Death is the ultimate truth of life. It is inevitable and does not discriminate based on age, gender or religion. Yet, most of us don’t know how to prepare for death. Even those of who have an ailing parent, child, relative or friend, are never quite ready for the end of life. After all, it’s not a single event. It’s a journey that requires a lot of navigation and one where no two routes are alike. As we become adults, we may have the chance to learn about this journey from others before having to go on it ourselves. However, children may not have the same opportunity.
A child's first encounter with death may be through their pet or grandparents or even their parents and siblings. As adults, while we may be equipped with the tools to manage the situation and our emotions, a child may not even realise the gravity of the occurrence. It's not possible to shield children from the pain of loss. However, identifying and addressing emotions may aid them in developing resilience and protection against mental health issues and personality disorders.
The question now is how we can help a child. What are the correct steps to help them develop a healthy coping mechanism? How do we answer their questions and how much information should we really share? Following are some guidelines which might be helpful.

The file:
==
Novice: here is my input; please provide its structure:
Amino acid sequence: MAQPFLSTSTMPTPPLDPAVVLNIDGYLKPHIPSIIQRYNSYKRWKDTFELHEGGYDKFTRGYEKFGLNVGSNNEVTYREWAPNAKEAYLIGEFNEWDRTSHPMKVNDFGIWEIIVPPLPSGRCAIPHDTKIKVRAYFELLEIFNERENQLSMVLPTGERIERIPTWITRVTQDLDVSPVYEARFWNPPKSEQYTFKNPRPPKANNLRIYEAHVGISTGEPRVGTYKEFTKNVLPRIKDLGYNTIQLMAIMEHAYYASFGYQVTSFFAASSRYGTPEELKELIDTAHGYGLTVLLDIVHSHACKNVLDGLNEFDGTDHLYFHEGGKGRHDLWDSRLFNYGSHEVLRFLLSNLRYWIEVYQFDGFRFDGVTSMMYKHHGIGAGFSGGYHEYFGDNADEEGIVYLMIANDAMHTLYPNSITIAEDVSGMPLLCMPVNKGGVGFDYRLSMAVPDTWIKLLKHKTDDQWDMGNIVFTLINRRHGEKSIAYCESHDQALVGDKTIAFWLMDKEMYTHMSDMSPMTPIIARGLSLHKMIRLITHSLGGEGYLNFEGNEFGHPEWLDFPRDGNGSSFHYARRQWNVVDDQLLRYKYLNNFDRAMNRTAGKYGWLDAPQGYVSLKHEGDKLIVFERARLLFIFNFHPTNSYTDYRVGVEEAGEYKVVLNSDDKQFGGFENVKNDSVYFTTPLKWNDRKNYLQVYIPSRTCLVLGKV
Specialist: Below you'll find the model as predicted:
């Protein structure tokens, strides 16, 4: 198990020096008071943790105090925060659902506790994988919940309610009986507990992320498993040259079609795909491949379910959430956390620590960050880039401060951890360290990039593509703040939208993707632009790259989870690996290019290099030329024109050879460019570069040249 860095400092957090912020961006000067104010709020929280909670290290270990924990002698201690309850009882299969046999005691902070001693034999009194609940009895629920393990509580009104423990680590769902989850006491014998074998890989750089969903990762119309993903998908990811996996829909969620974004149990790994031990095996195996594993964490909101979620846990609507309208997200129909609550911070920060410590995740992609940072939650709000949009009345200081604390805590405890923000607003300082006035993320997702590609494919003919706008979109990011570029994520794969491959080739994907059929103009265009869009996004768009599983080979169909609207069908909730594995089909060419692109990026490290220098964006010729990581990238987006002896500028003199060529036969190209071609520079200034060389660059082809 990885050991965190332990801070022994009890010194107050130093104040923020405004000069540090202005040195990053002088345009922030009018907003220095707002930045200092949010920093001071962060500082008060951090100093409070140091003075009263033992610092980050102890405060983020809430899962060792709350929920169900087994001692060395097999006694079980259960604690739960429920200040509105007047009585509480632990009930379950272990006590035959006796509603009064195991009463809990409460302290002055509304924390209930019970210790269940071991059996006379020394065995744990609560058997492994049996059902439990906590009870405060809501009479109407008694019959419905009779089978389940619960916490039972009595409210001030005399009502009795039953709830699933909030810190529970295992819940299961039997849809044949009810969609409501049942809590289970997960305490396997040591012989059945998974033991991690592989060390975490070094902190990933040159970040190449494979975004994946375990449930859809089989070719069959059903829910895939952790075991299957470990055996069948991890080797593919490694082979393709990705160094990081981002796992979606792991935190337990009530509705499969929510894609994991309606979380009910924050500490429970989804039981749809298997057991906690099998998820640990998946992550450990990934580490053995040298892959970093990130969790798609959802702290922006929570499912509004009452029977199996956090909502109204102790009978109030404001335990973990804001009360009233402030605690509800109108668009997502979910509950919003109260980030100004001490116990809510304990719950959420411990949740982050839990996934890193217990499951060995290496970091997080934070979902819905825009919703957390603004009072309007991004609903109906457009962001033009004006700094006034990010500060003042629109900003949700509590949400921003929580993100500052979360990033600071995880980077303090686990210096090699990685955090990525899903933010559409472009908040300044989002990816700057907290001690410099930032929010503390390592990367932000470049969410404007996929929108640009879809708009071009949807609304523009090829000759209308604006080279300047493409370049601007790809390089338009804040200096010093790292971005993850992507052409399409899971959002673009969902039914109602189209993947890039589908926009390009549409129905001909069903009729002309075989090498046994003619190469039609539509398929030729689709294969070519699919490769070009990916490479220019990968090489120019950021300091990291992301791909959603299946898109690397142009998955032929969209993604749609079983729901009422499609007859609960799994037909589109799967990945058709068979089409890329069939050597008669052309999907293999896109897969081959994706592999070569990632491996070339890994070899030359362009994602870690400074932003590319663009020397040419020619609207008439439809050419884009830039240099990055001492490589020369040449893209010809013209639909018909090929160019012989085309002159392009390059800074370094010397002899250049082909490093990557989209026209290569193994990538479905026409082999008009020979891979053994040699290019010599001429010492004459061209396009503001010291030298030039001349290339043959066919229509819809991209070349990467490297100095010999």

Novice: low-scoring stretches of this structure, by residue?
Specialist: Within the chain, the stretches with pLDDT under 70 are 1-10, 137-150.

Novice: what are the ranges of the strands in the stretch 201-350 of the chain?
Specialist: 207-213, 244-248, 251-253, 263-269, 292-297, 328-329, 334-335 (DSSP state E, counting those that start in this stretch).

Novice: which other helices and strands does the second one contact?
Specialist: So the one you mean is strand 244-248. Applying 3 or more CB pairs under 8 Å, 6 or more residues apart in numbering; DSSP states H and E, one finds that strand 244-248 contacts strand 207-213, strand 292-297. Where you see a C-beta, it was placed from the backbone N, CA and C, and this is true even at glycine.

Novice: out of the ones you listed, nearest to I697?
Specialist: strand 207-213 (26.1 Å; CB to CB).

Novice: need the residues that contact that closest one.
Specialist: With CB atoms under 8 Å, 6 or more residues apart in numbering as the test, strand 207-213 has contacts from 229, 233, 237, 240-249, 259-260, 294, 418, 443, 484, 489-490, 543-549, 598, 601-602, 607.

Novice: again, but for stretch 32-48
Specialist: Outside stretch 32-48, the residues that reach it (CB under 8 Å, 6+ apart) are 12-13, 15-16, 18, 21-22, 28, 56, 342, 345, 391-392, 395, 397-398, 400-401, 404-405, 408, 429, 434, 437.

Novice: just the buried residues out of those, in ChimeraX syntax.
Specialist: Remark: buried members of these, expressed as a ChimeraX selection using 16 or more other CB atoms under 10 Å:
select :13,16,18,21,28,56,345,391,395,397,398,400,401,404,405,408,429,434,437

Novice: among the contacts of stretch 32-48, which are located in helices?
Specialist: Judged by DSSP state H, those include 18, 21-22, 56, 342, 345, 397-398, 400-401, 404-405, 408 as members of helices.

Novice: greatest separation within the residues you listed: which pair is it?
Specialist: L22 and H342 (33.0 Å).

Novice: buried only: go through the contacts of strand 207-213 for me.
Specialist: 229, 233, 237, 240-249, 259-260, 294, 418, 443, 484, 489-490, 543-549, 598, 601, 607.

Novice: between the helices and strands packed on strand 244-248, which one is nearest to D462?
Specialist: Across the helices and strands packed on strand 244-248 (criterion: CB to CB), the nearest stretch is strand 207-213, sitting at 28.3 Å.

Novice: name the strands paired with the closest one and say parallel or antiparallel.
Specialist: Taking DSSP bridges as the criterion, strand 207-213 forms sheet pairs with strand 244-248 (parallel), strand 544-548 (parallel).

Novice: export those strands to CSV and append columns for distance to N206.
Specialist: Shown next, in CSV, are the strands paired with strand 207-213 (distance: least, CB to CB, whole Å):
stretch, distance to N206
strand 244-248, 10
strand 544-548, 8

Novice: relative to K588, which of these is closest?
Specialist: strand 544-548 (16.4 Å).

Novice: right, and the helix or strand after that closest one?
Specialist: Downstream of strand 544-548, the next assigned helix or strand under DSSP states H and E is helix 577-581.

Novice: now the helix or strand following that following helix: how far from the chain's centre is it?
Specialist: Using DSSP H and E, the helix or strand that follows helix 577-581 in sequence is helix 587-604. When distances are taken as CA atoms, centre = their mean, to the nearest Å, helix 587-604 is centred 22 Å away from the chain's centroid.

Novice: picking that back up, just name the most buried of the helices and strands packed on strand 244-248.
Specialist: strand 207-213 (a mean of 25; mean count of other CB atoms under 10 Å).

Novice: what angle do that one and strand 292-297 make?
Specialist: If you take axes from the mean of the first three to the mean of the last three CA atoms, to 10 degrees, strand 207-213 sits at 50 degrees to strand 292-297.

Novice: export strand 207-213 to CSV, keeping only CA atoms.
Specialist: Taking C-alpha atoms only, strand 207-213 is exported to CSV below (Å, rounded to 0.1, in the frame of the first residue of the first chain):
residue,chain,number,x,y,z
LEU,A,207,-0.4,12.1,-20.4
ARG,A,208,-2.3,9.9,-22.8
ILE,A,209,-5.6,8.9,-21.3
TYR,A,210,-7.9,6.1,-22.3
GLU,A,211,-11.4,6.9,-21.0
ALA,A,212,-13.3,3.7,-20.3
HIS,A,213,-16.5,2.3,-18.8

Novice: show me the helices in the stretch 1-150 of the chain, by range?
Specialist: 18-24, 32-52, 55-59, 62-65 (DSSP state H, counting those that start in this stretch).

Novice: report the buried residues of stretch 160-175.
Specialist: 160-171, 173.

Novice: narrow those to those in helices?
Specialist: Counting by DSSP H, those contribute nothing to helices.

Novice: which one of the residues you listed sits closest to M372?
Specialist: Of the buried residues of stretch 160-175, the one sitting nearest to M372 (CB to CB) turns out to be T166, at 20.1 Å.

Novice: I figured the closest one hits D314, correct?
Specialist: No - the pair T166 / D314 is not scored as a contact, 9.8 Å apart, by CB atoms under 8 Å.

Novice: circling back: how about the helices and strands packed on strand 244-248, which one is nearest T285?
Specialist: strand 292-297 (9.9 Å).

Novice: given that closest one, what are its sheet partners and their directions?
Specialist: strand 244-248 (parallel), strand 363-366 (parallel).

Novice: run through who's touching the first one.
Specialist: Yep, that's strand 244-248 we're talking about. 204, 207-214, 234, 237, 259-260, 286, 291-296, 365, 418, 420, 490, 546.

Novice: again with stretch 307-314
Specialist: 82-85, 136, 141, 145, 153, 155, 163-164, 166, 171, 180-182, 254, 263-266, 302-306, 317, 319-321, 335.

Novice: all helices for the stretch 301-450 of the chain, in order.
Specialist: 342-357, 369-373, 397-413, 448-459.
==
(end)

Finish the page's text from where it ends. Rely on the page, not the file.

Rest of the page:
How can I prepare my child for death?
The first step is to ask the child how much they already know about the situation. Children are very observant. Chances are that they know someone is sick or may pass away eventually. Reassure them that talking about death will not make it come faster or slower. Young children often engage in "magical thinking" where they believe that their thoughts and actions can cause or prevent someone's death. If the child is a teenager, ask them how much information they want. This will help you decide which details to hold back. Be honest throughout the process. Don't say that you're "waiting to get the test results" or "will ask the doctor" if something is already certain. Children may realise you're hiding something and that will only create mistrust which can be a hindrance to coping with grief. Lastly, if you don't know something, it's okay to say so. Sometimes it's even comforting for the child to know that their parent is in the same boat as them.
(Source: Canadian Virtual Hospice)
What to do when a loved one has passed?
Here are some tips to address specific situations
Death of a pet